I grew up in Queens, NY to parents who migrated from Tel Aviv to provide a better opportunity for their children. My mom and dad’s lineage lasted generations in Israel, so they witnessed the change from Palestine to Israel and the onboarding of Zionists to the local Israeli population. Both of my parents are amazing people who have old school traditional values that I appreciate now more than ever. Their honesty, work ethic, and integrity are some attributes they instilled in me.
As a young girl, I enjoyed watching my older brother breakdance on cardboard to this new music called hip hop. I loved watching the style of handwriting and fashion develop in this new cool subculture. This period greatly influenced me as I still love graffiti and hip-hop culture. As a sister of this generation, I gravitated towards finding a style of my own that embraced my traditions, values and newfound love of a city that was so new to my family. I moved to NYC at 18 to attend Parsons School of Design and The New School and that had a great impact on my trajectory as an artist.
Besides being an artist, which profession interests you and why?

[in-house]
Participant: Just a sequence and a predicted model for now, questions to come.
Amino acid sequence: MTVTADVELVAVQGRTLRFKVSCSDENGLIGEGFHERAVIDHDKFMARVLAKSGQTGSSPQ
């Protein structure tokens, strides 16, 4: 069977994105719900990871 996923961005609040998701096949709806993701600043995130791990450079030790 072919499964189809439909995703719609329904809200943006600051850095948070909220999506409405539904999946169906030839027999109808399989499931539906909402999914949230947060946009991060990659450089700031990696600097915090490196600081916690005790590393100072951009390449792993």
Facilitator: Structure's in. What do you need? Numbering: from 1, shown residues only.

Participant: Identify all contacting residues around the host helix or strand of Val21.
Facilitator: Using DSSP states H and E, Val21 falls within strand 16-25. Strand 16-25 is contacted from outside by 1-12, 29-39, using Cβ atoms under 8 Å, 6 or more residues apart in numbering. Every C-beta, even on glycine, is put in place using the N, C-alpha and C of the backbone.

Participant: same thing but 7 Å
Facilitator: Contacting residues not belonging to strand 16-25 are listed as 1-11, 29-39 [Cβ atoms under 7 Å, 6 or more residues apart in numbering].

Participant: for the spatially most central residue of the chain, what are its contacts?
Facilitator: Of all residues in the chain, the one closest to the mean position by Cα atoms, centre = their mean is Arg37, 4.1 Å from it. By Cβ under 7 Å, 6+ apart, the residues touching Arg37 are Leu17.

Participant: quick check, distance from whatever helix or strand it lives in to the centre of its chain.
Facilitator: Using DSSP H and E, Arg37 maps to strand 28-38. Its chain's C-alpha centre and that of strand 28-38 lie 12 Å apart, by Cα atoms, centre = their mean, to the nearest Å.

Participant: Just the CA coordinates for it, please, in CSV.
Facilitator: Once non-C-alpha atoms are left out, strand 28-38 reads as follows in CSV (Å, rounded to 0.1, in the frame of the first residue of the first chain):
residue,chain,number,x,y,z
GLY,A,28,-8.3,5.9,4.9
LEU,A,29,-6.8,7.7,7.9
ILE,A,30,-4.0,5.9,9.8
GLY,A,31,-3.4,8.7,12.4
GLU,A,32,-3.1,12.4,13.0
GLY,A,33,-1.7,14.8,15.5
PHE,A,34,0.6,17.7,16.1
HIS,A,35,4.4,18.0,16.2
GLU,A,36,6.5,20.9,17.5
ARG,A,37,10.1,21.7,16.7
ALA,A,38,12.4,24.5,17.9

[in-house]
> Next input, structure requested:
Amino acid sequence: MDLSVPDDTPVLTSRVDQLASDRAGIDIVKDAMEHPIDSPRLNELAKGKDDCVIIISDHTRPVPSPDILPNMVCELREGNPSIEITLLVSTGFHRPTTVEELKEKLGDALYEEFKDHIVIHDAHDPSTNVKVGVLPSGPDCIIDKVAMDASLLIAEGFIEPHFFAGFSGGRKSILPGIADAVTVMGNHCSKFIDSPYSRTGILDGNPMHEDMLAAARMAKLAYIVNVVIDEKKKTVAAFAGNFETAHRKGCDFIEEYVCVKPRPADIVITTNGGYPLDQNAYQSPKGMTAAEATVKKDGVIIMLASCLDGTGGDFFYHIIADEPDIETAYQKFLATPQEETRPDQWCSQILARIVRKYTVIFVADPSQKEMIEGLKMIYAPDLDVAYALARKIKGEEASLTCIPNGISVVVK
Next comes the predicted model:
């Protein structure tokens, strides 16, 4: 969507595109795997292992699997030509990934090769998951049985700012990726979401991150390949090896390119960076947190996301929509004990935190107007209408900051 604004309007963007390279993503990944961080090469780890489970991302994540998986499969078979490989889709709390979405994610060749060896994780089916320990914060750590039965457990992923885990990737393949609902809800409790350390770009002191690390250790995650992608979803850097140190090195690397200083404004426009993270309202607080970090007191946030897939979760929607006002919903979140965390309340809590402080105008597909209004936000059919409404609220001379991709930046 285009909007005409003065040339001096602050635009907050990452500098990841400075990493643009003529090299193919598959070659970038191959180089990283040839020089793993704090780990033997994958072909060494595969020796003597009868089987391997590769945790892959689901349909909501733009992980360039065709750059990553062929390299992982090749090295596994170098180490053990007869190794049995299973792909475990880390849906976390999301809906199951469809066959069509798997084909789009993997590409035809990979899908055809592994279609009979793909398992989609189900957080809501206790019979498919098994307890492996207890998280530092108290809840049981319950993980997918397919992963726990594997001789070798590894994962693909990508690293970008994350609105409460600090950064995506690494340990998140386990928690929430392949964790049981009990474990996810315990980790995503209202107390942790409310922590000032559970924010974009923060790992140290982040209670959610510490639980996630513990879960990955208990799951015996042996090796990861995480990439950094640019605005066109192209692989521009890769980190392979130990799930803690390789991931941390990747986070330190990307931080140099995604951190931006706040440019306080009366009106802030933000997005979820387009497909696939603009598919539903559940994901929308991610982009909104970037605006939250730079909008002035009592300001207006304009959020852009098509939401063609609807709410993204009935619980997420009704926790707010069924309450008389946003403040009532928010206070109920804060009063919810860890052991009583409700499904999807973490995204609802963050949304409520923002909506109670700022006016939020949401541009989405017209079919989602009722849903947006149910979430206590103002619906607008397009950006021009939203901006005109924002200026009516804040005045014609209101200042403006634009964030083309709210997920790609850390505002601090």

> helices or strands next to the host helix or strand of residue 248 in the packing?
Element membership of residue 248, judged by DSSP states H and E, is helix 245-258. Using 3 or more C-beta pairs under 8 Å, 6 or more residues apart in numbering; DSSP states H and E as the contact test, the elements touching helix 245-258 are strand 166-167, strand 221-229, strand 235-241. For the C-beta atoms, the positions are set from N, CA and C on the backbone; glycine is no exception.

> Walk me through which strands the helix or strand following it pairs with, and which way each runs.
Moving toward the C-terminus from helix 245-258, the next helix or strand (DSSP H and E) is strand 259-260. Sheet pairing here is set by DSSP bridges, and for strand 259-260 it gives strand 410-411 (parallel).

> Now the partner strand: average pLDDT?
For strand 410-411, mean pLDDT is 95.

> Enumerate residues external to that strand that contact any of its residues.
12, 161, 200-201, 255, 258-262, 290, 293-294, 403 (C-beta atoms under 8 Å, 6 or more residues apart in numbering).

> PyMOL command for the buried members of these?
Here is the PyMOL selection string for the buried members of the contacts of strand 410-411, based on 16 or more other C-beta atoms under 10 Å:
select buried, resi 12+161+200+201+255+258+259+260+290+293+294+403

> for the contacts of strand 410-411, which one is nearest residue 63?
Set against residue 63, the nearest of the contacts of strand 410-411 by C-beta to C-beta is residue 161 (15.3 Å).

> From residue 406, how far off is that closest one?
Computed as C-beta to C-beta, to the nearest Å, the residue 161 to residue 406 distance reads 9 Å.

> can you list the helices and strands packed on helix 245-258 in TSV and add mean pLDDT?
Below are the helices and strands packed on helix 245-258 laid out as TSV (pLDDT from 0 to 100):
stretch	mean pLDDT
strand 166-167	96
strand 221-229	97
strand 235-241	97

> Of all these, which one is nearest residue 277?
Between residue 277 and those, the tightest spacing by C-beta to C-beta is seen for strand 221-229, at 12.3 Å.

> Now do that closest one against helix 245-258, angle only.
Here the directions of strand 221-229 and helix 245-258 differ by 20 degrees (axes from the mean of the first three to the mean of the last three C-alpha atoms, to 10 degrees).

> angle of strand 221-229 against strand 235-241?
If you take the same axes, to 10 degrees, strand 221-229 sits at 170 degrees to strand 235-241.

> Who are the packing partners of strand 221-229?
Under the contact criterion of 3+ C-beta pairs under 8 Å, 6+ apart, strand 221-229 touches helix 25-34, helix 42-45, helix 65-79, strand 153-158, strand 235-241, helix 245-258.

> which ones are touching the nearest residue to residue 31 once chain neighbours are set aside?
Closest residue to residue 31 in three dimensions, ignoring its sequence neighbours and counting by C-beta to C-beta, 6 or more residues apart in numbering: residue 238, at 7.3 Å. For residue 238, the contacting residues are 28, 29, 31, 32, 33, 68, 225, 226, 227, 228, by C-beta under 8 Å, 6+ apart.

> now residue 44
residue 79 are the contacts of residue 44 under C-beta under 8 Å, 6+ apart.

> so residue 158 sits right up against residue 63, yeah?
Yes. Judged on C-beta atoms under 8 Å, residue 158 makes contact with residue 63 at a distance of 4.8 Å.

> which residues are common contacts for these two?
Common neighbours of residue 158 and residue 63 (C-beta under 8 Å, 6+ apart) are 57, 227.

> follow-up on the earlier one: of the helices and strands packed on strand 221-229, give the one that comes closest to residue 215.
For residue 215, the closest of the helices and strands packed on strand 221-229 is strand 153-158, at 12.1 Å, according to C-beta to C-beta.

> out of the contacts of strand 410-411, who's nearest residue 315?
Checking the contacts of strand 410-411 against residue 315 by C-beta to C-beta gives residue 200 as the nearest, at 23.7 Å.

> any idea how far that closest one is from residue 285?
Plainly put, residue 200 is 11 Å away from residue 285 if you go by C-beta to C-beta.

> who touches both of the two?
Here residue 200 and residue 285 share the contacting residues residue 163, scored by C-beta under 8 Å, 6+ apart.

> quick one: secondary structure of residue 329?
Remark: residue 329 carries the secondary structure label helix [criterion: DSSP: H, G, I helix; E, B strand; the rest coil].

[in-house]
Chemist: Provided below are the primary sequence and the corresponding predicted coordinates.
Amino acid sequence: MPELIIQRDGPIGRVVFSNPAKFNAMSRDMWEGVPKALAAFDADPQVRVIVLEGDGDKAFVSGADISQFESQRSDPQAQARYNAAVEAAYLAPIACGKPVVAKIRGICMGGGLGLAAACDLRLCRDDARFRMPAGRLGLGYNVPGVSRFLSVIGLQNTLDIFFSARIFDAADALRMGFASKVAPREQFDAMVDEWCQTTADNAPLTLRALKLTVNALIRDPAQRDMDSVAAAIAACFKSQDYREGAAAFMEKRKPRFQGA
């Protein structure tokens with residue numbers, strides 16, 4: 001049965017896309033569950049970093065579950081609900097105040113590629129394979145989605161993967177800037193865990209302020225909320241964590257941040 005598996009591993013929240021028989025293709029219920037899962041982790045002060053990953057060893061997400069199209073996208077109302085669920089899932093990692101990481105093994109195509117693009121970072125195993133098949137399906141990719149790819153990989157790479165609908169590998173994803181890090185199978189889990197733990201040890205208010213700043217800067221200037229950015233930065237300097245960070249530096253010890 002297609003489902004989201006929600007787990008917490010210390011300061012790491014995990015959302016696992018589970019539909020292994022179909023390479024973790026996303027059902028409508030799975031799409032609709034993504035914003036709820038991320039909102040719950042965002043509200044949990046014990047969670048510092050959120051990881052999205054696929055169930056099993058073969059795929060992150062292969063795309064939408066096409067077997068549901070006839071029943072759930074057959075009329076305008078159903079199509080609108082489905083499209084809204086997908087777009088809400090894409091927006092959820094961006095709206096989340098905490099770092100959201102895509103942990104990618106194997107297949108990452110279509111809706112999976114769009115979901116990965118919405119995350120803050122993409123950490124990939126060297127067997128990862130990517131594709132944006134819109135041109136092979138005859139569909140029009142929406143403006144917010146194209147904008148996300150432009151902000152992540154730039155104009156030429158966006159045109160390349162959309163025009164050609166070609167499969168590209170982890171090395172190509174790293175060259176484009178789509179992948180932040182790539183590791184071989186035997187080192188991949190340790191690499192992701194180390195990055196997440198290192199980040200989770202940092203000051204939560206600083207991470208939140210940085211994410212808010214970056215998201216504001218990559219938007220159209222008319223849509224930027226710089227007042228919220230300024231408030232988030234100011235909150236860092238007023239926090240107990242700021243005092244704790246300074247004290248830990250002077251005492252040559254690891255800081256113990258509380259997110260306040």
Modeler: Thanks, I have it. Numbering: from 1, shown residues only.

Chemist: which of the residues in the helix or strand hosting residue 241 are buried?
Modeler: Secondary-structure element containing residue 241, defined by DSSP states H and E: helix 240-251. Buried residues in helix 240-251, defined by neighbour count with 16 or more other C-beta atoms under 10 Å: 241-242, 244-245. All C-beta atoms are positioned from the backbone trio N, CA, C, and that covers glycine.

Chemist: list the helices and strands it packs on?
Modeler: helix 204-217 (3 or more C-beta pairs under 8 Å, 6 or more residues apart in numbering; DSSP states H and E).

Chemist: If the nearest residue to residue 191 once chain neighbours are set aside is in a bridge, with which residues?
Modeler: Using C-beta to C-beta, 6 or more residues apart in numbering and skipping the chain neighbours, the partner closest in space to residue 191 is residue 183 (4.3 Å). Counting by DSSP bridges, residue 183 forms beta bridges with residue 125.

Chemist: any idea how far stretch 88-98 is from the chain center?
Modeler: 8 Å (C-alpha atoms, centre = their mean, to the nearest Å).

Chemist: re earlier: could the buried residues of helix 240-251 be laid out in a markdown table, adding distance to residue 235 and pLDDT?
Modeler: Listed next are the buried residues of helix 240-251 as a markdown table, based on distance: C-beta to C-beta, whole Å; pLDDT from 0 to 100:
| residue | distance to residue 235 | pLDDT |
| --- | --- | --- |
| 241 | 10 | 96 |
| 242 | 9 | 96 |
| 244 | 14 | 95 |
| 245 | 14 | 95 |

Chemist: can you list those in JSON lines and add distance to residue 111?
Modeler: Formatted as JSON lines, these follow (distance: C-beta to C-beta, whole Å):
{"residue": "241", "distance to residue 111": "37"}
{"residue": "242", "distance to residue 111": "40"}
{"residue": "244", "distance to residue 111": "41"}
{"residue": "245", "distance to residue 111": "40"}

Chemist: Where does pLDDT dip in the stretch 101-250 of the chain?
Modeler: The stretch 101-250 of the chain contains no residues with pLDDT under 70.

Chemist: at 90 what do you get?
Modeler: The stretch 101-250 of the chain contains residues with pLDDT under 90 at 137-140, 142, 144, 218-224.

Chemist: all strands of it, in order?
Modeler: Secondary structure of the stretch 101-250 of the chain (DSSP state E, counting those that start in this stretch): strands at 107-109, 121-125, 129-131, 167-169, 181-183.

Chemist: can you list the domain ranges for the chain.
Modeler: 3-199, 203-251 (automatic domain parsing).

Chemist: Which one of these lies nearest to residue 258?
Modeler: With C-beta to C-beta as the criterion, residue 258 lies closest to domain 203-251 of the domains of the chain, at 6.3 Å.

I was always interested in history, and I thought maybe I would be a good archaeologist. The idea of discovery, traveling and digs always sounded intriguing to me. Today I feel like I am an archaeologist of sorts… I travel, discover and capture images that I share with the world.
What is next for you? What are your plans for the future?
I’m currently working on a mural project with Arts Horizons x DOE. In the fall, I’ll release my first public sculpture “Renaissance Women” at Marcus Garvey Park in Harlem. I also have an upcoming solo show at Bell Ans located in the Hudson Valley.
I am releasing two resource texts for high school students with Davis Publications featuring women artists and contemporary artists.
My plans for the future include more happy moments, more art making, and more opportunities to create magic in this abundant universe. That’s a nice way of saying, you’ll have to wait and see…. Lol.